(No, I didn’t go there alone. A clergyman attached to Trinity Cathedral drove me across the hills. He does not recommend a night-time trip)

  • Yes, Laventille has to be developed the history has to be preserved and its citizens a part of the planning process. I remember going to the catholic church and viewing the sea from there as a child I was in awe. The government needs to invest into a housing scheme for the people. If private investors get a hold of that area the citizens will more than likely face discrimination to buy in their housins scheme and development. The beautification and development is needed. Laventille is part of the scenic route to the city. The view definitely need a change it can be a turn off to visitors. Do the right thing!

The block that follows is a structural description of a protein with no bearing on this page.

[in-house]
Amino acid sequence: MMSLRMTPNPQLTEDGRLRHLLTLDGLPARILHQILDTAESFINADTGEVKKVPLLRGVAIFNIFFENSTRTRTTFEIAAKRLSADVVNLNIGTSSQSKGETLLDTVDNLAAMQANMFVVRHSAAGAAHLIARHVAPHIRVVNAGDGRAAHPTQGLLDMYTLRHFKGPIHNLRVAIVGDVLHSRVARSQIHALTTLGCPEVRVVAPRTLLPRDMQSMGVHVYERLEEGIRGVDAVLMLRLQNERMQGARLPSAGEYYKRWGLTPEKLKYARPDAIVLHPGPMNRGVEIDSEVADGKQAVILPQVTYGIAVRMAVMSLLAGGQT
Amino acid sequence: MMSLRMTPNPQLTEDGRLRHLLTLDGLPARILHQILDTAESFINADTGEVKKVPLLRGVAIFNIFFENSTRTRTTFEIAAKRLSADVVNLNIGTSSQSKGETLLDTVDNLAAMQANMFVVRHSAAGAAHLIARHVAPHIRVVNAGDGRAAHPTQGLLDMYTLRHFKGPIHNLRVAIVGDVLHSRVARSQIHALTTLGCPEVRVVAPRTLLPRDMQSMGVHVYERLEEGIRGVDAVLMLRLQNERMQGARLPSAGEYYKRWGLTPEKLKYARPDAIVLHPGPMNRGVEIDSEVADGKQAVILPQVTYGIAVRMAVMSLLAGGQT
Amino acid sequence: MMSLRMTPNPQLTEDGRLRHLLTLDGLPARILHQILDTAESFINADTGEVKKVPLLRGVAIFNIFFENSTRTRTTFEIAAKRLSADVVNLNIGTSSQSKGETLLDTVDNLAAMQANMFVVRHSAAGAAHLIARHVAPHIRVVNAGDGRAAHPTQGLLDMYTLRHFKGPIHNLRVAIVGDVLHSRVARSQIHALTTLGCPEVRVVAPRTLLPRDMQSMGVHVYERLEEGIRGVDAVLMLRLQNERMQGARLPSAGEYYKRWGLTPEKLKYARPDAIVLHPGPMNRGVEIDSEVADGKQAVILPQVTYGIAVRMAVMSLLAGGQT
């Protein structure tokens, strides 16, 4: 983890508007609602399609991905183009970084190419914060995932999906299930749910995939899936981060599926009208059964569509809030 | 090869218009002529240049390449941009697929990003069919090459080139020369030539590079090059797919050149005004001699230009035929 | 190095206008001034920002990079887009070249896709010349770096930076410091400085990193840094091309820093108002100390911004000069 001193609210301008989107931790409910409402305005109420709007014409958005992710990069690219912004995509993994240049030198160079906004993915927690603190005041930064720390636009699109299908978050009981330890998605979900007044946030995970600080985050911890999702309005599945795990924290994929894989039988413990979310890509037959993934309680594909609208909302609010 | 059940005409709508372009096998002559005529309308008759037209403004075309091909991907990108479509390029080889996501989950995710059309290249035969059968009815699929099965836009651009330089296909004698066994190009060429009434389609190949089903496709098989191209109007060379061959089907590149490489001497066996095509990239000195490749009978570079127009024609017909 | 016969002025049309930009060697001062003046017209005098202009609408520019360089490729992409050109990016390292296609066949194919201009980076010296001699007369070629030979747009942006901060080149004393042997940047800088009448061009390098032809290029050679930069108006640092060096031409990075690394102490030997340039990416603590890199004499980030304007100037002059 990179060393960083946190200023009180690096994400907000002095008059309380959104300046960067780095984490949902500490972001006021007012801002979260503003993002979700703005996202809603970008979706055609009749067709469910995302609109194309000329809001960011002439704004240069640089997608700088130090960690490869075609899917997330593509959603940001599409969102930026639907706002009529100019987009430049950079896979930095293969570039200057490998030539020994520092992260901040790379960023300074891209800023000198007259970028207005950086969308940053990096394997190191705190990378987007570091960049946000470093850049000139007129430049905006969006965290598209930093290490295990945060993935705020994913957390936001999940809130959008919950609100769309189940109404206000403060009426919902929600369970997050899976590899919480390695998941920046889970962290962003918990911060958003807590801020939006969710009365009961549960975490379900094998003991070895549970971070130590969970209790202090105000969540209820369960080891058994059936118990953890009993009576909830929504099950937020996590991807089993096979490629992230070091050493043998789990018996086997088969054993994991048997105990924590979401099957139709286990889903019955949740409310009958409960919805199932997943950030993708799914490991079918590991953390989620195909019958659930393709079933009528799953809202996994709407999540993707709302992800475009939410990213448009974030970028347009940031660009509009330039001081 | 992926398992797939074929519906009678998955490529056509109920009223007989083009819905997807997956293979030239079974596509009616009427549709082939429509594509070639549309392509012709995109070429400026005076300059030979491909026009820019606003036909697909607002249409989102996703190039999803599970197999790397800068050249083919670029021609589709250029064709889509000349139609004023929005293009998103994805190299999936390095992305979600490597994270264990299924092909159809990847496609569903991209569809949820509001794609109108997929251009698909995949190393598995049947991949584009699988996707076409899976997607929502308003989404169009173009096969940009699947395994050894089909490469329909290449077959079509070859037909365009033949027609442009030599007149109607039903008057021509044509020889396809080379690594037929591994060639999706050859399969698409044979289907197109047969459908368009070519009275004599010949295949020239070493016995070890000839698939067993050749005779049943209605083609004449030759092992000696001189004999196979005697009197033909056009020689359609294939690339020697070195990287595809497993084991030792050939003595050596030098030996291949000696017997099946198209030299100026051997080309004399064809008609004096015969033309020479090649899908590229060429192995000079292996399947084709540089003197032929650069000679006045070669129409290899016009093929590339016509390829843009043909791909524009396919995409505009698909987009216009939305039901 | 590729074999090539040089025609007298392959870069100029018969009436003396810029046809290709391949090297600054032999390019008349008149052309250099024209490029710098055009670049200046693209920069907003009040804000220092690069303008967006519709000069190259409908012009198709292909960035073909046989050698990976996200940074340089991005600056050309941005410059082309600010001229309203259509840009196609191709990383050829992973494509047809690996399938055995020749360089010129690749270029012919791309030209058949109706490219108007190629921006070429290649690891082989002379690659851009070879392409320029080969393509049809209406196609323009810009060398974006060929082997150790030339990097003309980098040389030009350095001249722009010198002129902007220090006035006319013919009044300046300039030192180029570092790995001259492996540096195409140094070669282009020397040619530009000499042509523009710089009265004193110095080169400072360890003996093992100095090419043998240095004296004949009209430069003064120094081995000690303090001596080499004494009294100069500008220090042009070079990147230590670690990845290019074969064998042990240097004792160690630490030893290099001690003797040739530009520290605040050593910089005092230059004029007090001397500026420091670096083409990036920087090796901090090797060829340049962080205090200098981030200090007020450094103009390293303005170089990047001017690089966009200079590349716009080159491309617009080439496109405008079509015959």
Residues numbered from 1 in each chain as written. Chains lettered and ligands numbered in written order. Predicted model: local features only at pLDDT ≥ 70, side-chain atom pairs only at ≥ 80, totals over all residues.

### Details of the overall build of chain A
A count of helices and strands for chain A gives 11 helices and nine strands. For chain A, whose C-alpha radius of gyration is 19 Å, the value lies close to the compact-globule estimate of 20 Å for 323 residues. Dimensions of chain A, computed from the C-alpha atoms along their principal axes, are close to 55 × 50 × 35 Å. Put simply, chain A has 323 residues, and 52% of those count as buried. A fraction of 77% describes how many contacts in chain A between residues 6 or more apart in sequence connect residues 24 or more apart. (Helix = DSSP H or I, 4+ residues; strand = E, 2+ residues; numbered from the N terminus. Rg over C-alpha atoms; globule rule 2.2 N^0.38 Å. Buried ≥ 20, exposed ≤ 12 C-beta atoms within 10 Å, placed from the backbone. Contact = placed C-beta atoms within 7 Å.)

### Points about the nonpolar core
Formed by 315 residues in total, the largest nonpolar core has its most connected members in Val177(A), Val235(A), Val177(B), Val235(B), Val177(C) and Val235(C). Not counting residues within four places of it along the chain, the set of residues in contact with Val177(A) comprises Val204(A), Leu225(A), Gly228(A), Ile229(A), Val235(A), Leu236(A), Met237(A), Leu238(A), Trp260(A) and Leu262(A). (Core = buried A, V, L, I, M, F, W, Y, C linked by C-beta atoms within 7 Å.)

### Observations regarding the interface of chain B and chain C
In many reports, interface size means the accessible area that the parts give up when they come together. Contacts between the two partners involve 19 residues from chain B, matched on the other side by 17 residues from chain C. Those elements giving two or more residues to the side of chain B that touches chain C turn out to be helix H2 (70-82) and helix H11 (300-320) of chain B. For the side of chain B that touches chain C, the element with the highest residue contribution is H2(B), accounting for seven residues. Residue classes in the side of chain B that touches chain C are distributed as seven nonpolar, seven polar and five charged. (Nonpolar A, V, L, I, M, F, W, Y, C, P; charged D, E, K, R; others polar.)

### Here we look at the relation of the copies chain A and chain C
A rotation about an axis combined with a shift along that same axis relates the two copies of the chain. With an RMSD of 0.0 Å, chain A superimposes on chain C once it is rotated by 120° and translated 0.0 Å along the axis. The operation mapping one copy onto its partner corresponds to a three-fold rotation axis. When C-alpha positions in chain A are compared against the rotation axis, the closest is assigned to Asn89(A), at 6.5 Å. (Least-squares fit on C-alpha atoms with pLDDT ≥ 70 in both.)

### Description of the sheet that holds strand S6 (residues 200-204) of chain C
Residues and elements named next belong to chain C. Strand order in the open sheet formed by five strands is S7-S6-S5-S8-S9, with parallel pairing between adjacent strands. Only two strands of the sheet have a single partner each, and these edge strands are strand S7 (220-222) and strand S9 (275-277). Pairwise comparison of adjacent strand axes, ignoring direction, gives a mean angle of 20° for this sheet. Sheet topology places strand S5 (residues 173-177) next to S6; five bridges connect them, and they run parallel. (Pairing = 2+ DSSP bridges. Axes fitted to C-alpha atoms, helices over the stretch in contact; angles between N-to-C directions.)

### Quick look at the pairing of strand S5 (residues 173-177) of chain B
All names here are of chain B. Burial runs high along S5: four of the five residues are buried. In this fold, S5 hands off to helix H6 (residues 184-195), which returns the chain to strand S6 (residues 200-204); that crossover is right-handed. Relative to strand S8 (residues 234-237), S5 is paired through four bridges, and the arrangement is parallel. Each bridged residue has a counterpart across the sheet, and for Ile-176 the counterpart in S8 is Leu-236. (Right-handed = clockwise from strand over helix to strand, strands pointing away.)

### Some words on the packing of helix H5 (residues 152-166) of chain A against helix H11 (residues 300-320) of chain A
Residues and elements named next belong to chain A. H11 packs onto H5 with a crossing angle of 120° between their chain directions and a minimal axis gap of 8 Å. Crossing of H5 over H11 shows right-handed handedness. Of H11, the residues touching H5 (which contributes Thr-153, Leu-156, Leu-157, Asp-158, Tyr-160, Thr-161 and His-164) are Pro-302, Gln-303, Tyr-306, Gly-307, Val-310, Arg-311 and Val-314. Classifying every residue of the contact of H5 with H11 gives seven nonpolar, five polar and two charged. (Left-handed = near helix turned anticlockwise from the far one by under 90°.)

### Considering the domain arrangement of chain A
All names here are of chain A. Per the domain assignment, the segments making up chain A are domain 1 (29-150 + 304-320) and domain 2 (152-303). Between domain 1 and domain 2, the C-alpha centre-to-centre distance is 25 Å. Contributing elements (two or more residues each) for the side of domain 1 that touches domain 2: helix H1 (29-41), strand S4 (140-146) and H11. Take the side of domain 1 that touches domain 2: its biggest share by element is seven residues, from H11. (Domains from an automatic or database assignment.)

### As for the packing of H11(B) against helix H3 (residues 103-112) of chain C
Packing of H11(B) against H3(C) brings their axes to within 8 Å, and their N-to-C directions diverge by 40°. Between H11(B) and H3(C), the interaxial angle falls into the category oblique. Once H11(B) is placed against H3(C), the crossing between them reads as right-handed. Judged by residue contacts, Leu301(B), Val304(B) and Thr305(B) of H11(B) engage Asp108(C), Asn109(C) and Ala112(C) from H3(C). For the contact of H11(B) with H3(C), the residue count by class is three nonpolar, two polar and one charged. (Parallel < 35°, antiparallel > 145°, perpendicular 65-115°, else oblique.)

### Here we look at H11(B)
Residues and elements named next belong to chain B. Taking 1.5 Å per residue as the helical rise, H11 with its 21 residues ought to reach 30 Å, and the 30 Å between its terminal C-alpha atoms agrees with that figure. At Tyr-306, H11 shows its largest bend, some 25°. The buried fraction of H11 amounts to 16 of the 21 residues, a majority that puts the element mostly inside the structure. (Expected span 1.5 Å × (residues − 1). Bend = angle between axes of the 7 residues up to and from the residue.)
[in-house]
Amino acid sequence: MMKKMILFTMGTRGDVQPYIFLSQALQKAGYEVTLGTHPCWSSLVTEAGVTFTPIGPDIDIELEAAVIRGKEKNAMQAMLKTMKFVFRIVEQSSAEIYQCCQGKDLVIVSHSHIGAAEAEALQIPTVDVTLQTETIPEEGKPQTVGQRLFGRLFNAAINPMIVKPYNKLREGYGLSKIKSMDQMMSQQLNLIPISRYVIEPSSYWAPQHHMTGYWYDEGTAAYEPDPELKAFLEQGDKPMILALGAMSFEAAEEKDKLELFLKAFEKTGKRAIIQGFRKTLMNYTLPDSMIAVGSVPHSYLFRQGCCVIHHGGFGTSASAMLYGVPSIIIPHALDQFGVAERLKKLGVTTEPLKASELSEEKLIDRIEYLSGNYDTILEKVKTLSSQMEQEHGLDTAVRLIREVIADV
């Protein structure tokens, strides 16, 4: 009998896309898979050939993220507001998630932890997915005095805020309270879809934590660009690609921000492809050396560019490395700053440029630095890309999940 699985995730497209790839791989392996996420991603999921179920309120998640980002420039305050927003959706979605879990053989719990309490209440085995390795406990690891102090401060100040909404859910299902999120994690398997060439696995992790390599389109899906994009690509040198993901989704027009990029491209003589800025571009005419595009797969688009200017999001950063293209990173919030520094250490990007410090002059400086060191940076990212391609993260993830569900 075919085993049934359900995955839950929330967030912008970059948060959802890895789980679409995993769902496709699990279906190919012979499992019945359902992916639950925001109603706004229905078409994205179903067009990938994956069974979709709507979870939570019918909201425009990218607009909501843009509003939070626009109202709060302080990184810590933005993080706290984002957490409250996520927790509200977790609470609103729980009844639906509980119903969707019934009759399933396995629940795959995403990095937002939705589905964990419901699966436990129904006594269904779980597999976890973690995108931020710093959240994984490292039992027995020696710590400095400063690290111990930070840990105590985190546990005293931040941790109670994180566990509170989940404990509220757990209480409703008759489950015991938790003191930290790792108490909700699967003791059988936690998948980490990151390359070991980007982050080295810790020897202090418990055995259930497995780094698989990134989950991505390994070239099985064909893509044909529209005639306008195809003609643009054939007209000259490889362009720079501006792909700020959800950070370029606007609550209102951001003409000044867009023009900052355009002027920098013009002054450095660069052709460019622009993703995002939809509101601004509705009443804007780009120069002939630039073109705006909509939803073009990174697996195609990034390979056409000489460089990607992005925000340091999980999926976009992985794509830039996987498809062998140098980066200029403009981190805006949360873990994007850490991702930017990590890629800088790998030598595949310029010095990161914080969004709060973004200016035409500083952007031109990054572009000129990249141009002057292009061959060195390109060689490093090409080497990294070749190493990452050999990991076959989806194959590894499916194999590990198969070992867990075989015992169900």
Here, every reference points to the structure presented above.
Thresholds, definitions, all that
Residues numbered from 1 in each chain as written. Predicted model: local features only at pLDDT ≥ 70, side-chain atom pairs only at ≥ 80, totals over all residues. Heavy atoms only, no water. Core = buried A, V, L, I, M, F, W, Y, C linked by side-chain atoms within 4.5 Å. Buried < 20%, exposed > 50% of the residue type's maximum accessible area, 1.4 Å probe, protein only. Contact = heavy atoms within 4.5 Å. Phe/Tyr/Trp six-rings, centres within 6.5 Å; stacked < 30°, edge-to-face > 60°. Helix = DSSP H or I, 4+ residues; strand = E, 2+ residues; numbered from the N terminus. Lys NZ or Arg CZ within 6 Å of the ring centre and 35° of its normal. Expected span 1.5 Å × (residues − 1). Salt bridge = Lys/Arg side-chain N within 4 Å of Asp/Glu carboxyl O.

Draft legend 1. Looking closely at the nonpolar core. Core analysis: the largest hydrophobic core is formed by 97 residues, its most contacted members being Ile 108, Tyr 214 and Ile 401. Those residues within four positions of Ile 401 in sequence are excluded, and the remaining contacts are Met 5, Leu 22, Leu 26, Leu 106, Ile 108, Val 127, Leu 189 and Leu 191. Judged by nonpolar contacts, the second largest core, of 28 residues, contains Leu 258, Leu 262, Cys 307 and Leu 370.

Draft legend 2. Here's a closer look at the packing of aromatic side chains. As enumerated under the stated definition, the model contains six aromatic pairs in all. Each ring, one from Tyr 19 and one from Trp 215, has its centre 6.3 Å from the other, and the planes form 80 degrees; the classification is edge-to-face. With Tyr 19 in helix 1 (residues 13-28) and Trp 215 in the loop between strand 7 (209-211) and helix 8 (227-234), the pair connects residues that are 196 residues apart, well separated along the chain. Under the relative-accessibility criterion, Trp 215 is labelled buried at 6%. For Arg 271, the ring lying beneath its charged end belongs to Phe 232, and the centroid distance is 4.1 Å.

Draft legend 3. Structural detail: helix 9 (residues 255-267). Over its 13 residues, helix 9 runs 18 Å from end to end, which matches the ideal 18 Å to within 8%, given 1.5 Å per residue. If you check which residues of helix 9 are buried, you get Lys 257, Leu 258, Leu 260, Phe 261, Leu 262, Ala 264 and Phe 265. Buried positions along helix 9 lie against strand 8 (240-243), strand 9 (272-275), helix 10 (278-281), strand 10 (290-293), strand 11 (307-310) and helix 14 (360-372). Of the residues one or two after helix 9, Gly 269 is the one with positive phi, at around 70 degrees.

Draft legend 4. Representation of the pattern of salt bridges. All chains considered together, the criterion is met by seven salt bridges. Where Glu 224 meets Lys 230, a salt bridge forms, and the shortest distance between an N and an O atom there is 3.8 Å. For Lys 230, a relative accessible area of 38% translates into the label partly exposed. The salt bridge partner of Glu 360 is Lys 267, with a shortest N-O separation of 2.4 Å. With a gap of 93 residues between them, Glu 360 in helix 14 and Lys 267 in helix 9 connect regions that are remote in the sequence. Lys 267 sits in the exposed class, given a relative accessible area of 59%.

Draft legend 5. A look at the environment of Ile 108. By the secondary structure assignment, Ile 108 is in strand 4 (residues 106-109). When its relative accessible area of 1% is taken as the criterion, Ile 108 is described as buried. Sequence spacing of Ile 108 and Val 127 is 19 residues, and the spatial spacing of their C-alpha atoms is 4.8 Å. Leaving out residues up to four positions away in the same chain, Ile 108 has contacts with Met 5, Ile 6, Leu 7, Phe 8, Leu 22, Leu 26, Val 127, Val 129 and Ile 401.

• In my opinion, I feel that the government of Trinidad & Tobago must create a proper infrastructure towards their foreign immigration policy before anything else. Before the country’s independence, the government was always nonchalant; allowing outsiders from Grenada, Guyana and St. Vincent to enter the country illegally. Believe it or not, most of the crime in Laventille and Claxton Bay are conducted by non-trinidadians who are fugitives from their native country. They not only squat in Trinidad, but also in other caribbean nations such as Barbados. The difference between Trinidad & Tobago and all the other caribbean nations is that the majority of caribbean islands have a “Zero Tolerence” policy on illegal immigration; Trinidad & Tobago does not. The only solution to improve Laventille’s socio-econmoic conditions is to deport all of the “non-trini” laventilleans. Most of the young people of laventille, who engage in drug-dealing and gang warfare, are descendents of these non-trinidadians of laventille. These squatters entered the country with no documentation, such as birth papers and/or passport to validate their right to Trinidad & Tobago citizenship. For example, if a Trinidadian enters the United States illegally, the U.S. government will become reluctant to facilitate his or her needs. Therefore, that person will become a potential threat and eventually face the penalty of deportation. The incessant crime and poverty in Laventille is a result of the hills’ squatters, who are having children and are financially incapable of raising them. Consequently, the only alternative is to sell drugs, which became the initial source of income for most “poverty-stricken laventille foreigners”, especially their offspring. Overall, Trinidad & Tobago has a lot of work to do, regarding their internal and foreign affairs.